From the 22nd of July until the 2nd of September, the Royal Palace in Brussels will open its doors to young and old. Built on the site of the former Palace of the Dukes of Brabant, the Palace is one of the architectural gems locals and tourists alike ought to visit during the summer. Although it is not used by the Royal Family as a residence – a role reserved for the Royal Palace of Laeken – it is the place where the King grants audiences and deals with affairs of state. It houses the services of the Grand Marshal of the Court, the King’s Head of Cabinet, the offices of the King and the Queen, among others.
In 1731, during the Habsburg-Netherlands period, the building was destroyed by fire and the whole area, including present day Place Royal, remained in ruins for a number of years. In 1820, under the reign of William I of the United Kingdom of the Netherlands, the Palace was rebuilt. Architect Tilman-Francois Suys designed the neoclassical facade and a long balcony with an iron balustrade on the first floor. King Leopold II decided to reshape the Palace’s appearance once again in 1904, when it finally acquired its current Louis XIV style.
This year the main exhibition’s theme will be entitled: Wonder. In collaboration with the Office of the Prime Minister, the ten Federal Scientific Bureaus, the National Geographical Institute, the War Heritage Institute, and the Belgian Science Policy Office, the exhibition offers the public a unique display of art and science. The art pieces and research material that will be present in the exhibition conform an integral part of the country’s rich cultural and scientific heritage.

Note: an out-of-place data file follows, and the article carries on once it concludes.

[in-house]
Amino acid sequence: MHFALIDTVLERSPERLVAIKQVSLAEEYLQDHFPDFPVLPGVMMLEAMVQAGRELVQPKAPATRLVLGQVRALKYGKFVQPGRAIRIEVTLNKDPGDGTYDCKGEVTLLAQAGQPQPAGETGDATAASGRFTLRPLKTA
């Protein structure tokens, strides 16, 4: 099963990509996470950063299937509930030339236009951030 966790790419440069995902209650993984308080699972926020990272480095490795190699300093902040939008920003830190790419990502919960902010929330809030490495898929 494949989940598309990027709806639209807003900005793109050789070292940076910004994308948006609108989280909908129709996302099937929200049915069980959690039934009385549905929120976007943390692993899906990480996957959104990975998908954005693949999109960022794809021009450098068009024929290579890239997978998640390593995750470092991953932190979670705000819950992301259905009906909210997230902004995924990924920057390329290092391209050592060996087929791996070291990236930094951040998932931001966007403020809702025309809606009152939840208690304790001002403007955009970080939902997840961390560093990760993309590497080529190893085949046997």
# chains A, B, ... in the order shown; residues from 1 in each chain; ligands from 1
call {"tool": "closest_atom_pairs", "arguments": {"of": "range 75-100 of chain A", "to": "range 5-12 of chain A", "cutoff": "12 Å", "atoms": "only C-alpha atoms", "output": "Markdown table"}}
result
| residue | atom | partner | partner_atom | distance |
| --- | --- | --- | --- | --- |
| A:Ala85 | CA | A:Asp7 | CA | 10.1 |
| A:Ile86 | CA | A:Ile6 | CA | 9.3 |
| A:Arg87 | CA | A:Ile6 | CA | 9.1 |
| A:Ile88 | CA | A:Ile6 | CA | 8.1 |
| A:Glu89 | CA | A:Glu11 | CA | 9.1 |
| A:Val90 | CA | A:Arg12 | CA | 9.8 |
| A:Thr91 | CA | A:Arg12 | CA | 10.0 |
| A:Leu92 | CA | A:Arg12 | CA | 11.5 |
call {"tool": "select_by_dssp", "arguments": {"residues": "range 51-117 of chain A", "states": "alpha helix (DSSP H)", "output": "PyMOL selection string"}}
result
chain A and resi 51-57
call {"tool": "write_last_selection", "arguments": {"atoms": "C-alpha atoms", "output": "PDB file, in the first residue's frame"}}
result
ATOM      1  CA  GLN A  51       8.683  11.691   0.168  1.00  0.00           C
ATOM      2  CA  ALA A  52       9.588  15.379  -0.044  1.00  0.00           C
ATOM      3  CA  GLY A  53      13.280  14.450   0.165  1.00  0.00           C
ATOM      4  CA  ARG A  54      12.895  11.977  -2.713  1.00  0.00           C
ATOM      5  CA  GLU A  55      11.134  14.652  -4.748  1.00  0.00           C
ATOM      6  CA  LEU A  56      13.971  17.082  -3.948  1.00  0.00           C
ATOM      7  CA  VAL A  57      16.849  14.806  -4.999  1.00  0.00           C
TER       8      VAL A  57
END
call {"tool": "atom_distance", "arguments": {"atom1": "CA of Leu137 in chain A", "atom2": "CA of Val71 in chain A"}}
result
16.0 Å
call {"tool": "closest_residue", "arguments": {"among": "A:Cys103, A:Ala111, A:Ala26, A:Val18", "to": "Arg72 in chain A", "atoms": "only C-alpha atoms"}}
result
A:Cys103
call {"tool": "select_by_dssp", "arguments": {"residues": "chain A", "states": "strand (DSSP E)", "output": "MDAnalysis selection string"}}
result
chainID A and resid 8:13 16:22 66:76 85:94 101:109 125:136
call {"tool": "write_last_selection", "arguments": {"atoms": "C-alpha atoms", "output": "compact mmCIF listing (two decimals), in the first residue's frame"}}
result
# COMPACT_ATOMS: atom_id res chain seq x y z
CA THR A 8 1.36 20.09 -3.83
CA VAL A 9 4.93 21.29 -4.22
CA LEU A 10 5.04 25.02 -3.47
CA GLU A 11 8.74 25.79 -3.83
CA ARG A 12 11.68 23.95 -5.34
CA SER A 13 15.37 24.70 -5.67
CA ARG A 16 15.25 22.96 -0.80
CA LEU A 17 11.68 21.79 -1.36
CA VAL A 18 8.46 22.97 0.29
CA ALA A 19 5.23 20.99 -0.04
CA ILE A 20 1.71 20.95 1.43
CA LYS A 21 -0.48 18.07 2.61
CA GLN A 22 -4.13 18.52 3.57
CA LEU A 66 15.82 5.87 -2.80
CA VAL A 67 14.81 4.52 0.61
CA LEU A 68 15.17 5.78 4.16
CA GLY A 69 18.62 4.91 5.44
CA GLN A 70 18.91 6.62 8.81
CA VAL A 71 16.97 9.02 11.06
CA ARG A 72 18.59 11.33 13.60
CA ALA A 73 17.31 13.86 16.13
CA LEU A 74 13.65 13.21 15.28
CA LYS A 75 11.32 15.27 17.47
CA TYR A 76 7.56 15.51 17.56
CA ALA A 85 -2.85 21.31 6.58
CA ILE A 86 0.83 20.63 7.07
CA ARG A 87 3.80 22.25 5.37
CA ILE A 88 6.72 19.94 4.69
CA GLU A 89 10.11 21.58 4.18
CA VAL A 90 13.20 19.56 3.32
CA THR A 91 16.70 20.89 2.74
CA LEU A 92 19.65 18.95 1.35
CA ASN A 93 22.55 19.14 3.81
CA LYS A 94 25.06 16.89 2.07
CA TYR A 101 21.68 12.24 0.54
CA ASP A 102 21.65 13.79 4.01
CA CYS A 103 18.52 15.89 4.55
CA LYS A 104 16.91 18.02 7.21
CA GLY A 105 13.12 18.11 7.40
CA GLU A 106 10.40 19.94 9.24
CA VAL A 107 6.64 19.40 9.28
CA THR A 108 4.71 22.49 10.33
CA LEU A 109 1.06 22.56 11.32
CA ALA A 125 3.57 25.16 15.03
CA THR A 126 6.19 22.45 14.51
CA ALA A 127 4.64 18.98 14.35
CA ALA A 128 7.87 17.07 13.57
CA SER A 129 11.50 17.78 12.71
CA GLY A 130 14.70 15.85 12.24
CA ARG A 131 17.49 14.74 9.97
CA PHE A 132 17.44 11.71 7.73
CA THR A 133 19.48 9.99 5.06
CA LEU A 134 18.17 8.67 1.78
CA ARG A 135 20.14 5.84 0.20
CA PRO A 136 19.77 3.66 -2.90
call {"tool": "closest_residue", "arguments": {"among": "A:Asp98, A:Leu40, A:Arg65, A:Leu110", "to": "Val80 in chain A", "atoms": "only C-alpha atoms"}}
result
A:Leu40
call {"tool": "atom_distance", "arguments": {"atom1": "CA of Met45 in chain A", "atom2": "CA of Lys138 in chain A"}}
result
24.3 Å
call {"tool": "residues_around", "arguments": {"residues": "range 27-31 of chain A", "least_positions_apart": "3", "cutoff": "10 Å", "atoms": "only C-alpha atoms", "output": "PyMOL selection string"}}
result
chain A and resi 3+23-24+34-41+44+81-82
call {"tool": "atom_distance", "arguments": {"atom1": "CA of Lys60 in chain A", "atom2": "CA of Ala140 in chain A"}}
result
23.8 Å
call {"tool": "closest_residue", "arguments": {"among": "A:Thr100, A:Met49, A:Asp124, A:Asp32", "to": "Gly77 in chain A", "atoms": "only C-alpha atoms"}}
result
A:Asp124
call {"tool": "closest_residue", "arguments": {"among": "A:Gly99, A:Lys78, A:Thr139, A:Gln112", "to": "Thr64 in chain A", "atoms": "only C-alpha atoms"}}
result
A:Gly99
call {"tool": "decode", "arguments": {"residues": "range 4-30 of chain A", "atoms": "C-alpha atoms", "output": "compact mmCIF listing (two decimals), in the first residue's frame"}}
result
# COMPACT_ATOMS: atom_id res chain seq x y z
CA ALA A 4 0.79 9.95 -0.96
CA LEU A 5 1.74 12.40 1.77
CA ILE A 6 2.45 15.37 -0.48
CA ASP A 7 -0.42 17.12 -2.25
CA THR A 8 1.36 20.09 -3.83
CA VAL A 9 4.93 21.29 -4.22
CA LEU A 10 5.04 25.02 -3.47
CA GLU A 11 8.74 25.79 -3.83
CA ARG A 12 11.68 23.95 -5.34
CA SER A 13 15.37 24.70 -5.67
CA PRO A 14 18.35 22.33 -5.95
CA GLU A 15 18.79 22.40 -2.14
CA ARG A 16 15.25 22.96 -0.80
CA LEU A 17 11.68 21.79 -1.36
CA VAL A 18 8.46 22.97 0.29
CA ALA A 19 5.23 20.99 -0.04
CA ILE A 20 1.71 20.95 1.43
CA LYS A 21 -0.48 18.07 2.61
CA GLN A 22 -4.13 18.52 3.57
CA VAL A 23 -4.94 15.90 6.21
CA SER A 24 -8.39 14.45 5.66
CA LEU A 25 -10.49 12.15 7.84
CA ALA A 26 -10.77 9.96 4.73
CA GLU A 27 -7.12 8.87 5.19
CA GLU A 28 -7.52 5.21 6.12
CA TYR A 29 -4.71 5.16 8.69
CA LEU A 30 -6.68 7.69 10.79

Additionally, the Flemish Center for Science and Technology, Technopolis, will set up a second exhibition called: Pure – Science in its Purest State. The aim of the exhibition will be to explore certain basic aspects of physics in the natural world.
The King Baldwin Foundation in collaboration with the Royal Dynasty And Cultural Heritage Association, will put together a third exhibition called: The Royal Palace, Where History is Written. Its goal will be to show visitors all the important events that have taken place, and continue to take place, in the Royal Palace in Brussels.
Good to know:
- Entrance to the Palace is free, from Tuesday to Sunday.